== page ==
by Albert Camus
The Plague Suffering Quotes
How we cite our quotes: Citations follow this format: (Part.Chapter.Paragraph). We used Stuart Gilbert's translation.
A tranquility so casual and thoughtless seemed almost effortlessly to give the lie to those old pictures of the plague: Chinese towns cluttered up with victims silent in their agony; the convicts at Marseille piling rotten corpses into pits; the building of the Great Wall in Provence to fend off the furious plague-wind; the damp, putrefying pallets stuck to the mud floor at the Constantinople lazar-house, where the patients were hauled up from their beds with hooks; the carnival of masked doctors at the Black Death; […] nights and days filled always, everywhere, with the eternal cry of human pain. No, all these horrors were not near enough as yet even to ruffle the equanimity of that spring afternoon. (1.5.6)
Try as they might to ponder the horrors of the plague, Rieux and others can’t comprehend them. The Plague reminds us of how easy it is to write off the suffering of others because we can’t really grasp what suffering is until it is upon us.
Dr. Rieux called to mind the plague-fires of which Lucretius tells, which the Athenians kindled on the seashore. The dead were brought there after nightfall, but there was not room enough, and the living fought one another with torches for a space where to lay those who had been dear to them; for they had rather engage in bloody conflicts than abandon their dead to the waves. (1.5.6)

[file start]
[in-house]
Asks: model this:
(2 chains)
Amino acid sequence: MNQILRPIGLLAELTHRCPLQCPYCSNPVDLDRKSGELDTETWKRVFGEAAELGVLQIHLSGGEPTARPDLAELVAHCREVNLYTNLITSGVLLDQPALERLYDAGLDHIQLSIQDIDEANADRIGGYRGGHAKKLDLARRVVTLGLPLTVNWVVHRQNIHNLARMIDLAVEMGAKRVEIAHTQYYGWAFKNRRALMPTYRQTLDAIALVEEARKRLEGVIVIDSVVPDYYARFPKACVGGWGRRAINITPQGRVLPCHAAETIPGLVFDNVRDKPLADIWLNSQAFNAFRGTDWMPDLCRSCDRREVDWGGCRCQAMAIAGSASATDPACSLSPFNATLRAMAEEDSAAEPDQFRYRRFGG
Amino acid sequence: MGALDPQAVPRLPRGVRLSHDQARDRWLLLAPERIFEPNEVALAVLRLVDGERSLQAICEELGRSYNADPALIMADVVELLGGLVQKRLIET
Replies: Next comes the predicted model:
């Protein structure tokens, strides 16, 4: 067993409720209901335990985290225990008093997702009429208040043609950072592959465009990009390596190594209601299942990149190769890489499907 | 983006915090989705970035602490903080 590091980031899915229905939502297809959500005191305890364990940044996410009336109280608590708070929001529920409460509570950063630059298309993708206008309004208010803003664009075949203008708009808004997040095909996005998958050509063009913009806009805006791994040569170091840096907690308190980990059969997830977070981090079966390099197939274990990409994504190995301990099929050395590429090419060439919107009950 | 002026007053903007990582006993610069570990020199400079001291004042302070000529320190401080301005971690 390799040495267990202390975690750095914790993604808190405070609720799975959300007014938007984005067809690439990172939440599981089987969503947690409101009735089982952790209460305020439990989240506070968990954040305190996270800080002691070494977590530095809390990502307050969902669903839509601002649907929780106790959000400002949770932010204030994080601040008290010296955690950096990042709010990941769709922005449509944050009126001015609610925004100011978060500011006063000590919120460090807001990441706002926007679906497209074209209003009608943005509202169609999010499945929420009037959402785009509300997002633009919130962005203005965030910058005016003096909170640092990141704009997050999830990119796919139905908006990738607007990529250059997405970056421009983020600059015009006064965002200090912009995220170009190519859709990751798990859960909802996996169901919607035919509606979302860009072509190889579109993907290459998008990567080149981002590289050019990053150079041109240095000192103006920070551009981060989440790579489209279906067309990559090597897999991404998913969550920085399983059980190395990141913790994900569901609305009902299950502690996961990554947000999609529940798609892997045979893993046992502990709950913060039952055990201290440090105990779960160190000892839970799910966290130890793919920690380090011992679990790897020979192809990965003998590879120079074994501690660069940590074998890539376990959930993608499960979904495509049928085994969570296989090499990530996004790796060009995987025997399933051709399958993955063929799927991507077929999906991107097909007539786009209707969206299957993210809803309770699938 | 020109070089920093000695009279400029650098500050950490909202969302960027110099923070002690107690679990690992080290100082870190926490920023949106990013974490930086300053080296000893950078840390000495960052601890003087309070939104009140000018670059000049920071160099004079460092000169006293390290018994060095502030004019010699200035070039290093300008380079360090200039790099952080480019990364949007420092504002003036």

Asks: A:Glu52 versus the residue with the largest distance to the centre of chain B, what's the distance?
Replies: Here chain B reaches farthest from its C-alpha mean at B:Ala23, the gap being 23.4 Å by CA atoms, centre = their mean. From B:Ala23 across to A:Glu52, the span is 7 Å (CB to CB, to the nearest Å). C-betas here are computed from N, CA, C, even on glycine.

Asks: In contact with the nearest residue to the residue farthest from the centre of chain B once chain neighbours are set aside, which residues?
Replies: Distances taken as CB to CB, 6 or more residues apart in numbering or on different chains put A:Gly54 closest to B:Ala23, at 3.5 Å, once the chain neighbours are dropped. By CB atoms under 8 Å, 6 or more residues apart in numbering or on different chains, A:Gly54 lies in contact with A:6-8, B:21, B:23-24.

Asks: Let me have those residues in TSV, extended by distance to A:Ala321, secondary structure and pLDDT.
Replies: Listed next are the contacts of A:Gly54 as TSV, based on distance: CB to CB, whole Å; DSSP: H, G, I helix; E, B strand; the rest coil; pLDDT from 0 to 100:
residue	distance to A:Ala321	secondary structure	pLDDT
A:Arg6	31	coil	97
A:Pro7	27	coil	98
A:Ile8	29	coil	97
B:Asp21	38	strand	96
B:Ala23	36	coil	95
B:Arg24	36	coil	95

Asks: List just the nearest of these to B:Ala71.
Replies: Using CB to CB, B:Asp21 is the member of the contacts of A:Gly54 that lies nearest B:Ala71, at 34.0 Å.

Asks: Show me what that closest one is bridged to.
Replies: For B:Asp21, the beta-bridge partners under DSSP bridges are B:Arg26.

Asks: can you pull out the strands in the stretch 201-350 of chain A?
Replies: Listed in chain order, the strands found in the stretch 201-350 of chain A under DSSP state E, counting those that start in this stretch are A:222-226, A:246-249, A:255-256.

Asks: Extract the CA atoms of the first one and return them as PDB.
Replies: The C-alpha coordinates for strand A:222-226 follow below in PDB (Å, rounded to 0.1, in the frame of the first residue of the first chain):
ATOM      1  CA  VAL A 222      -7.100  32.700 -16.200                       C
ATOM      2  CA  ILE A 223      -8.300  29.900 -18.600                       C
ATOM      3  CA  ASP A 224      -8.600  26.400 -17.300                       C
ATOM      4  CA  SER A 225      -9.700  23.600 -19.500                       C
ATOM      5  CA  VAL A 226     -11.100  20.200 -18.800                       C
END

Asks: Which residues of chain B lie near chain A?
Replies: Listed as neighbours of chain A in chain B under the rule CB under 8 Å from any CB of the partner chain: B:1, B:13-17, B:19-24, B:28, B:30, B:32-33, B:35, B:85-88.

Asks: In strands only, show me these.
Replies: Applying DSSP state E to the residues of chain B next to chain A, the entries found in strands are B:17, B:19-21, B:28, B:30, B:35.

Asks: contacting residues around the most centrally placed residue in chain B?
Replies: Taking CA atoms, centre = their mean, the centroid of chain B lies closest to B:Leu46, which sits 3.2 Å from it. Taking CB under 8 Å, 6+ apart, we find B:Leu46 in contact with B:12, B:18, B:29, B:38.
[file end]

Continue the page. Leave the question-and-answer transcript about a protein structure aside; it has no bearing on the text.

People, irrationally, are willing to suffer and cause suffering to honor the dead, who cannot actually receive honor, or anything for that matter. At least, that is the argument put forth in The Plague.
Followed by scowls and protestations, Rieux left the committee-room. Some minutes later, as he was driving down a back street redolent of fried fish and urine, a woman screaming in agony, her groin dripping blood, stretched out her arms toward him. (1.7.35)
This scene is in direct contrast to the prior discussion of what to label the pestilence. While Rieux and his colleagues have debated the terminology of suffering, here is a woman actually suffering physically, words be damned.